United States border officers have arrested the lone suspect after a triple homicide at the University of Alberta Friday, ending a 36-hour manhunt.
Travis Baumgartner, 21, was arrested and taken into custody after 3 p.m. local time Saturday at the border crossing to Lynden, Wash., 25 kilometres southwest of Abbotsford, B.C., and near the Canadian town of Aldergrove.
He was arrested without incident, police said, and was turned over to the Canadian Border Services Agency and the RCMP. Mr. Baumgartner, who worked for the private security company G4S Solutions Canada, will be charged with three counts of first-degree murder and another of attempted murder. The suspect is accused of killing three of his coworkers, shooting and severely wounding a fourth before fleeing with an armoured vehicle and, later, his Ford F-150 pickup truck.
The same truck, with fake Alberta license plates, was also seized at the border crossing.
Police found no weapons in Mr. Baumgartner's vehicle. But according to a U.S. Customs and Border Protection press release, officers discovered a backpack stuffed with Canadian money "suspected of being the proceeds from the armoured car robbery." It was reported to be more than $330,000.
“We’re grateful to the border officials at Lynden, Washington, for their excellent work in arresting a man we believe was armed and extremely dangerous,” said Bob Hassel, the superintendent of criminal investigation for Edmonton police.
News of the arrest brought smiles to the family of one of the victims.
"We're very happy... that he was arrested," said Dianne Ilesic, mother of Brian Ilesic, one of the three guards killed. Speaking from her family's Edmonton-area home Saturday evening, Ms. Ilesic said the family is trying to celebrate their son's memory, and will wait to see justice take its course in the case of Mr. Baumgartner.
"It's a hard time. We're having memories of Brian, and we're having some pretty good laughter. But overall we have to have some laughter to cover up so much sadness," she said.
G4S Cash Solutions, the security company that Mr. Baumgartner and the shooting victims all worked for, also praised the arrest.
“We applaud the dedication of the Edmonton Police Service, and other law enforcement agencies in apprehending Travis Baumgartner today," spokeswoman Robin Steinberg said in a written statement. “Our thoughts remain with the families and friends of the victims and also with the Baumgartner family."
Mr. Baumgartner had been on the run with a "significant" amount of money, and possibly a gun and body armour, police said earlier in the day.
But police had little idea where he was, instead casting a wide net, issuing Canada-wide warrants and pleading with any friend who'd heard from the suspect to come forward.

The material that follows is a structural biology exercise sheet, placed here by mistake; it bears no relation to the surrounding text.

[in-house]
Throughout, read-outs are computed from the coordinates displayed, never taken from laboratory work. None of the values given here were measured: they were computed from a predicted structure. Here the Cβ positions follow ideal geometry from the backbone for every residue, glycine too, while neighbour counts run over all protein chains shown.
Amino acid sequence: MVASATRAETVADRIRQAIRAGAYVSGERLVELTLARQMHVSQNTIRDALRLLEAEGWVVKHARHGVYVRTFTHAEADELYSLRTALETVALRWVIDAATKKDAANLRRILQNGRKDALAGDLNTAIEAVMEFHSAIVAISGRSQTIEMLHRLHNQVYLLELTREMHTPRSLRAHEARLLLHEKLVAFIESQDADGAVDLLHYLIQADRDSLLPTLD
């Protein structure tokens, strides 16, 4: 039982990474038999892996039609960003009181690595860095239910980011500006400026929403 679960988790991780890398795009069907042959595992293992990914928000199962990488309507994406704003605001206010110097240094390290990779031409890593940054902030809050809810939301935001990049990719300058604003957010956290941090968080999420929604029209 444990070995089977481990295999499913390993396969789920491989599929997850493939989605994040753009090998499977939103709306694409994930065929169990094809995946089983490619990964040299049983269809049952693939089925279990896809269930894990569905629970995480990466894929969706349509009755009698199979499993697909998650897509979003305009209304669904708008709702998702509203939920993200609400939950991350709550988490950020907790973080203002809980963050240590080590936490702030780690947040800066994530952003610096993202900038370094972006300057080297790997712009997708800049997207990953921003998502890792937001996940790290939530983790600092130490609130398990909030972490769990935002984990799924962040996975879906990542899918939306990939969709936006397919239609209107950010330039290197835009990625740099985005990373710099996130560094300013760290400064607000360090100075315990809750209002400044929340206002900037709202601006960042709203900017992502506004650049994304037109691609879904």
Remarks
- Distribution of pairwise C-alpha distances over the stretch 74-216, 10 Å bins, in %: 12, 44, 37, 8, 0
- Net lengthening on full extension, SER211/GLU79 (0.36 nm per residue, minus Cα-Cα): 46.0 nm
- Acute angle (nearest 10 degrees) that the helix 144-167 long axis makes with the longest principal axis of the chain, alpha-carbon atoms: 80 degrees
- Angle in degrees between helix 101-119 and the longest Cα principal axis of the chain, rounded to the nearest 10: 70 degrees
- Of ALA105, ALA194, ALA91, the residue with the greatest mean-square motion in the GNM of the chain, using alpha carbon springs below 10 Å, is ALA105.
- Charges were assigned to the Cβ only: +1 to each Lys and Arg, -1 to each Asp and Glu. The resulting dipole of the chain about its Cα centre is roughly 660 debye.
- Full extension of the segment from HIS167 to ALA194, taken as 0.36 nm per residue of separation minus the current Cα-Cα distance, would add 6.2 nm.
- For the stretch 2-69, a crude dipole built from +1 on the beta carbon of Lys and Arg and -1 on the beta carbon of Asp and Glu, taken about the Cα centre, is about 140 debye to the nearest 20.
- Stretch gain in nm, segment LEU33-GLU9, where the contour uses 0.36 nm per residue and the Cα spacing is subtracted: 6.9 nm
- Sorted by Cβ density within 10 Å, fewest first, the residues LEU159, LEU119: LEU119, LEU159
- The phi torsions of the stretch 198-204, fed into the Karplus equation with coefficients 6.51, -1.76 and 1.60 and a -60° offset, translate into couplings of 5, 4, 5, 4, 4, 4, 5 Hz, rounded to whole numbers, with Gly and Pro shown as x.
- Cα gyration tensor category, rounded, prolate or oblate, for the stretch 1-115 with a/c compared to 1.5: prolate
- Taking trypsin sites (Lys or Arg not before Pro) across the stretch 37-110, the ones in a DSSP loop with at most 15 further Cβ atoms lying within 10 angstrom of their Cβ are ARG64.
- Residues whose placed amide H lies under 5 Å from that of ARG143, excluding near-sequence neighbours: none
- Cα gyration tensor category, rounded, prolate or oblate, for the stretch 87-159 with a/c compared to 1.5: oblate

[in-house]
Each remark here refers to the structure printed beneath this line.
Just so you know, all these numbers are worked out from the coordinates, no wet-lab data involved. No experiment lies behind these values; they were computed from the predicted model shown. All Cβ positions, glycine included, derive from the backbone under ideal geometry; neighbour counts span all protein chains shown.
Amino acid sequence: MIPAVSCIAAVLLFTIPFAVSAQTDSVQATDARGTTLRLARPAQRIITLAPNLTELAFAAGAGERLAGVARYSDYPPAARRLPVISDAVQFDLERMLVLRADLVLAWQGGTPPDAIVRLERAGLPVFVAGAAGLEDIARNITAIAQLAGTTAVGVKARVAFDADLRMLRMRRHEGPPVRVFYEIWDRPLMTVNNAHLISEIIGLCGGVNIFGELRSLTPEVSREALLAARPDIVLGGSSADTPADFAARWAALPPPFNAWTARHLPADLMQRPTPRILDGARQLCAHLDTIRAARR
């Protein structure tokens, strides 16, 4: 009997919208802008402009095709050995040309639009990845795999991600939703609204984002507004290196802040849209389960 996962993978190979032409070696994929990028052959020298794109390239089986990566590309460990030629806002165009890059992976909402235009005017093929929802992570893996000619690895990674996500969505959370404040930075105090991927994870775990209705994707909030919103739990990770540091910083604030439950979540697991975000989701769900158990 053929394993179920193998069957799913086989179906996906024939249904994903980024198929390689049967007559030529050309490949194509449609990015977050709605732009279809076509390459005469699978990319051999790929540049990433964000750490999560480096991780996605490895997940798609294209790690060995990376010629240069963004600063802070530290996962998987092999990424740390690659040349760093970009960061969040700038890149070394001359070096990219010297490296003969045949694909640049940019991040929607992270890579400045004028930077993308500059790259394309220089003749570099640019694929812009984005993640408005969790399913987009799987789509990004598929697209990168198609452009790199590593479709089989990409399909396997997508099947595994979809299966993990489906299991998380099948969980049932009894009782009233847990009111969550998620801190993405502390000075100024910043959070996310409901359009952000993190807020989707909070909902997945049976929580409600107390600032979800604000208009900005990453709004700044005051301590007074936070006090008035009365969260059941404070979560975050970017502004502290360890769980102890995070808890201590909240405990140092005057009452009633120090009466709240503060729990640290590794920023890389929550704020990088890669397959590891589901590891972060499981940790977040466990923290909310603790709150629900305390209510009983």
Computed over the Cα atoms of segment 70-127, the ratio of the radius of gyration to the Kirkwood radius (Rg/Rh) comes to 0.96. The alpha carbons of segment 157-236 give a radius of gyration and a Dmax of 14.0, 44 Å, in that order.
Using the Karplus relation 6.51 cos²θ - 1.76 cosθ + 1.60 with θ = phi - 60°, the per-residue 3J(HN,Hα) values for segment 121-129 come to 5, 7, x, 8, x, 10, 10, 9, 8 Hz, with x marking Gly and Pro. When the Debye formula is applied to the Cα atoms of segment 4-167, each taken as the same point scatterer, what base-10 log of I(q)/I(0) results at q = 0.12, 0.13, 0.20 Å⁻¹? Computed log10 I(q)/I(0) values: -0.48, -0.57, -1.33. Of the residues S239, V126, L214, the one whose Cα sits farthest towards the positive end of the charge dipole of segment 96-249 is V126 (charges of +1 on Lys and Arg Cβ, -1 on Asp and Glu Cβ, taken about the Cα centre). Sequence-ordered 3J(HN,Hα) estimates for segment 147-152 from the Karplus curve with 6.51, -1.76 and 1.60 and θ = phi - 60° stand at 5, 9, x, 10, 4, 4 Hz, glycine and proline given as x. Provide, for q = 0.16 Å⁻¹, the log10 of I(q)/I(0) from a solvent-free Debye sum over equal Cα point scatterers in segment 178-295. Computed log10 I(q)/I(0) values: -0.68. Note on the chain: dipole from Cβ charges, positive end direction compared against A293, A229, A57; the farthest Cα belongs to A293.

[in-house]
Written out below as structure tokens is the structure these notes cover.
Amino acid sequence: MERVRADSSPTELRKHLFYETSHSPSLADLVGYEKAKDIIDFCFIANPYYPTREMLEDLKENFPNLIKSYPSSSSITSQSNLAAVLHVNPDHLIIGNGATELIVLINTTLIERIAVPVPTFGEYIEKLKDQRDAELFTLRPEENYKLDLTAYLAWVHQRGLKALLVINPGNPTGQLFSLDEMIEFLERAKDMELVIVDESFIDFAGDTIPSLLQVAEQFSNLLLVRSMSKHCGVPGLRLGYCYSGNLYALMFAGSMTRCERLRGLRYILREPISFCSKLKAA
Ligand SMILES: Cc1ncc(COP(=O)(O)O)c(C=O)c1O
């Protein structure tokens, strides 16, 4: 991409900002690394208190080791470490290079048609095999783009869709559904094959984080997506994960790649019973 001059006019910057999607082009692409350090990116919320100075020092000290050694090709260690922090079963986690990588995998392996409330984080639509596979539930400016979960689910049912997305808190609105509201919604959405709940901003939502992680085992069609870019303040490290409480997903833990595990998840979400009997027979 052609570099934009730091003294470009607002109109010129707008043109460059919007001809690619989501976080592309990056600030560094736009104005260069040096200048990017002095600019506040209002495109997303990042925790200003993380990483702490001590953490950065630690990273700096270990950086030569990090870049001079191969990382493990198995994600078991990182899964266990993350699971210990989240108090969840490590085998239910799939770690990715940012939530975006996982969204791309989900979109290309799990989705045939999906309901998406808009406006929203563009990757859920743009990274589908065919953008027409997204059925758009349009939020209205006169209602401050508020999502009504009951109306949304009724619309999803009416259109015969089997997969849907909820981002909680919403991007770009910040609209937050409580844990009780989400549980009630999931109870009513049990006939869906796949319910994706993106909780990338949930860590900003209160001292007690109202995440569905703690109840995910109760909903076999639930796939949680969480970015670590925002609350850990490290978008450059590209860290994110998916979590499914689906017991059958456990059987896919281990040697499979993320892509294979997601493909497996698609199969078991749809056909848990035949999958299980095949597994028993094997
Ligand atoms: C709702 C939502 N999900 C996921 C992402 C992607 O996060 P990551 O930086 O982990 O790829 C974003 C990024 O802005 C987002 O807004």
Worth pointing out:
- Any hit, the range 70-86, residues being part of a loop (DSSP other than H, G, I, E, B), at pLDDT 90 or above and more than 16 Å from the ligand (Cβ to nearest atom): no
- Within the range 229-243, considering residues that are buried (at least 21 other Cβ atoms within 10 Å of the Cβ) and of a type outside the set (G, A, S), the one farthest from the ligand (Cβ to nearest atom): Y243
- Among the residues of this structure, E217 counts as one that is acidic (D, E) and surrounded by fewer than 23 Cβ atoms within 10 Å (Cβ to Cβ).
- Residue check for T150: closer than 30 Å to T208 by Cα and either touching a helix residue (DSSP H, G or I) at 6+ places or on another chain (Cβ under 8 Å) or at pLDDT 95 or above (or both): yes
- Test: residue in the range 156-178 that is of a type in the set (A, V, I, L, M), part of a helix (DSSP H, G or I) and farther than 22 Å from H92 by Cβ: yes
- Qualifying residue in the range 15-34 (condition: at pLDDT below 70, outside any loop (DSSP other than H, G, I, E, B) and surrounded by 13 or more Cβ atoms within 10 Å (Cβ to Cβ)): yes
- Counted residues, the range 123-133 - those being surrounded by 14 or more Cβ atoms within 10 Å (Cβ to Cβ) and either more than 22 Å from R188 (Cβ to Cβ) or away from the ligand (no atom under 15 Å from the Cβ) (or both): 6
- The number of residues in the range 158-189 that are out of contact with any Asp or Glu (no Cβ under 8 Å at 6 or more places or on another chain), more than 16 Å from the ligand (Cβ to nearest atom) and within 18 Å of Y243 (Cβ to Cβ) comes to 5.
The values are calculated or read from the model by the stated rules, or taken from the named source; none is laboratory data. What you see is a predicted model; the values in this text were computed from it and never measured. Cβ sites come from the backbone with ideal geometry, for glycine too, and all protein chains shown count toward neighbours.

The border crossing at which Mr. Baumgartner was arrested is in a rural area of Aldergrove, B.C. A herd of cows could be seen just a few hundred metres from the crossing Saturday night.
As more and more media arrived on scene, curious onlookers rolled down their windows and asked what caused all the fuss.
Sheila Smith and Robyn Jones work at a duty shop near the crossing, but neither woman heard any kind of commotion or sirens.
"We just said, 'Thank God he didn't come in here and buy water,'" Ms. Smith said.
Mr. Baumgartner's arrest brings to end a saga that began fewer than 48 hours earlier.
He had argued with his mother on Thursday evening, before what would be his last shift with the security company.
Later that night, he was among a five-person team making a stop at the University of Alberta. Around 12:10 a.m. Friday morning, gunfire broke out, leaving three other guards dead and a fourth in hospital.
Among the dead are Michelle Shegelski, 26, who had worked for the company since 2008, Eddie Rejano, 39, and Mr. Ilesic, 35, two new employees she was training.
A fourth guard, Matthew Schuman, was in hospital. There was no update Saturday on the condition of Mr. Schuman, who is also a military firefighter based at CFB Edmonton.
Mr. Baumgartner, 21, was missing after the shooting, as was the armoured van - later recovered near the G4S offices in east Edmonton.
Police had initially called him a person of interest, before announcing Friday afternoon - 15 hours after the shooting - that they had issued the warrants for his arrest.
The suspect's mother, Sandy Baumgartner, made a plea Friday evening for him to turn himself in safely.
"I'm sorry that we had an argument last night, and had bad words between us, but I want you to come home and do the right thing. Let's work this out together," she said in a statement released by police.
Investigators have so far declined to reveal the amount of money he's alleged to have taken.
With files from Sunny Dhillon and Paige Ellis